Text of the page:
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Eldar Djangirov is a remarkable pianist, one with phenomenal technique and a quick mind. Now 33, he began playing piano when he was just 3, performed at festivals in the Soviet Union when he was 9 and, after moving with his family to Kansas City, Missouri, appeared on Marian McPartland’s Piano Jazz at age 12. Djangirov has been a major force on the jazz scene since he turned 18, and Rhapsodize is at least his 10th album as a leader.
To say that Rhapsodize is a high-energy affair is an understatement. Djangirov, who is teamed with bassist Raviv Markovitz and drummer Jimmy MacBride, begins the program with a powerhouse version of “A Night in Tunisia.” One cannot imagine Dizzy Gillespie sounding comfortable at this rapid pace, but Djangirov almost makes it sound natural. That performance serves as a warmup for the pianist’s dramatic “Airport” and the intense “Anthemic,” both of which are unrelenting in their passion. While his power and command of his instrument are admirable, it is a bit of a relief when Djangirov calms things down on “Willow Weep for Me.” He allows the ballad standard to breathe during his relatively melodic version, even when he throws in some runs worthy of Art Tatum.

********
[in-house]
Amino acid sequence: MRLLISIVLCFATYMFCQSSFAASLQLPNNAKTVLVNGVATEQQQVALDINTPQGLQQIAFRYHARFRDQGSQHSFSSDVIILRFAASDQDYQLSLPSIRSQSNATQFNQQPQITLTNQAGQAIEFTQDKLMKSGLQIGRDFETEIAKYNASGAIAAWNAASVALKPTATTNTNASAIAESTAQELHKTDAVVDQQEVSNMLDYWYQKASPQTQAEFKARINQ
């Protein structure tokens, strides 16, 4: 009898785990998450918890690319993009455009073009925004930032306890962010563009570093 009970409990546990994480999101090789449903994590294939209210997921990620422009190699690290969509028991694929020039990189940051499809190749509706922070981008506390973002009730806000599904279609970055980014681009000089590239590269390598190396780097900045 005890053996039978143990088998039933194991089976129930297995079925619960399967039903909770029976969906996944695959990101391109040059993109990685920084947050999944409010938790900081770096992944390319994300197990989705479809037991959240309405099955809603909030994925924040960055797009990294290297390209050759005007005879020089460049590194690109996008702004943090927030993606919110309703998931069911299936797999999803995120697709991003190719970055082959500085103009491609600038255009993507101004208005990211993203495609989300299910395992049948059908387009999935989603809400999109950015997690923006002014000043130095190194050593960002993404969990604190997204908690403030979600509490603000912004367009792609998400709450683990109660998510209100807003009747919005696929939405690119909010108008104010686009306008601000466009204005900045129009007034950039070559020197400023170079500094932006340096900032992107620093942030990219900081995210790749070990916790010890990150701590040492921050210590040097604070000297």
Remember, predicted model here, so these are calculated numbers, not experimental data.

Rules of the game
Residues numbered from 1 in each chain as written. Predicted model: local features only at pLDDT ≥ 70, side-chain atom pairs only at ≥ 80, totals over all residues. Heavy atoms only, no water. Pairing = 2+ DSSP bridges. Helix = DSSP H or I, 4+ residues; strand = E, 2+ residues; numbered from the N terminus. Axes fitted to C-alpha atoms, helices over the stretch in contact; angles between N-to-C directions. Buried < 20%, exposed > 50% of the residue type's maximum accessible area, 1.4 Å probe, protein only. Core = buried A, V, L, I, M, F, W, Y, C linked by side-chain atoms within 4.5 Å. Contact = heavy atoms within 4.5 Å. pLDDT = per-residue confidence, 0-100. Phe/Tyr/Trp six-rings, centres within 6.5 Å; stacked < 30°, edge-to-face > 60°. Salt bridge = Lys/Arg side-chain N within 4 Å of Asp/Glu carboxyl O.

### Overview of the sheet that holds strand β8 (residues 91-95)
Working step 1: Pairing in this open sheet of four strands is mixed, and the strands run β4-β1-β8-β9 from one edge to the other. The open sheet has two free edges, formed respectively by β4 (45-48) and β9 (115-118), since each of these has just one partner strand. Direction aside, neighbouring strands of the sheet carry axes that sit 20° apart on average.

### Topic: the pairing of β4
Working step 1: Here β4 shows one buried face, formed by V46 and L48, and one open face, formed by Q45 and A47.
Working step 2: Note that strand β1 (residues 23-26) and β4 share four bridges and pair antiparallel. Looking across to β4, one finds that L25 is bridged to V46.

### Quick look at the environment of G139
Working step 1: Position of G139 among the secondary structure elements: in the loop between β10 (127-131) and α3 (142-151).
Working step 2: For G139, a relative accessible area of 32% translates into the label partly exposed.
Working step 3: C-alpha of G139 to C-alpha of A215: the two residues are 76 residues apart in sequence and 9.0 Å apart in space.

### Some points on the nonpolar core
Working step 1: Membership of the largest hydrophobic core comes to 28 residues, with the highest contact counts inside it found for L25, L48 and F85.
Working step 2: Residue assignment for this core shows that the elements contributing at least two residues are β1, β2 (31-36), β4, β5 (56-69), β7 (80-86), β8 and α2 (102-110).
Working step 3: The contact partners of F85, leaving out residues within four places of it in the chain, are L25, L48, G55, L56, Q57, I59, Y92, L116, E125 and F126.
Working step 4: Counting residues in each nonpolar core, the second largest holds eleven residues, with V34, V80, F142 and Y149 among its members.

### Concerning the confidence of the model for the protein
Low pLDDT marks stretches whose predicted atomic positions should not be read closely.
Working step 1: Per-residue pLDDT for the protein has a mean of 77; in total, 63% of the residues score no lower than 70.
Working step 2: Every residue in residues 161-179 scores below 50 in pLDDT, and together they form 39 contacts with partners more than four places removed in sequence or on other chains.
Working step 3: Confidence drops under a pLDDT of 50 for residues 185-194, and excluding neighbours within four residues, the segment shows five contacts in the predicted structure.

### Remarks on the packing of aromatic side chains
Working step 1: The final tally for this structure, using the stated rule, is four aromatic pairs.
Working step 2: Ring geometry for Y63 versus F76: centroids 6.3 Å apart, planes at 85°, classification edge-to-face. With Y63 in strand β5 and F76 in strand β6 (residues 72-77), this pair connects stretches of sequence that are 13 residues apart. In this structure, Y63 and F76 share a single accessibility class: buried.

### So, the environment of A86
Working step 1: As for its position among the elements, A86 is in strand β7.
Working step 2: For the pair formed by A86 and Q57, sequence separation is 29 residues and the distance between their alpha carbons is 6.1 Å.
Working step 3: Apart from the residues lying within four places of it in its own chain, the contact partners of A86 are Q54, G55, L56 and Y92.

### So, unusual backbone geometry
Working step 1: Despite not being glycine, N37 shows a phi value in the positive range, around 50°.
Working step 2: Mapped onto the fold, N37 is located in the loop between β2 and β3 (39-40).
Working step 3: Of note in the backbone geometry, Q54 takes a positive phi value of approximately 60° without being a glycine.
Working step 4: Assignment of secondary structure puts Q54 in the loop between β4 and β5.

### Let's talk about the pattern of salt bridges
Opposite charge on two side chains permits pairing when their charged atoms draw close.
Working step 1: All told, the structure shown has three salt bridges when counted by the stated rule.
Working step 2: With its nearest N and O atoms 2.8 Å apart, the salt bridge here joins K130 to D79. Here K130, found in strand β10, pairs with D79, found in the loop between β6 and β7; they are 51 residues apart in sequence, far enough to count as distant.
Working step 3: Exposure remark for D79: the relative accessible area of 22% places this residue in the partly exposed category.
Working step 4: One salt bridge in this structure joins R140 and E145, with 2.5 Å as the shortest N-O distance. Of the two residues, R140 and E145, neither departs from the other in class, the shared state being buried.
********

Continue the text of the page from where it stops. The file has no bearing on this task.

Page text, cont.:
The hard-driving “Burn” and “Black Hole Sun” (which recalls McCoy Tyner in spots) raise the temperature again. “Variations on a Bach Prelude” is an explosive showcase that succeeds due to the strong Bach melody, which gives the pianist a strong foundation to work off of. The moody ballad “In July” and three other energetic originals conclude the set.
Djangirov sounds better on the more familiar material than on his episodic originals, although one cannot deny his virtuosity. Overall, the album would benefit from a greater variation of moods. — Scott Yanow
Featured photo by David Patino.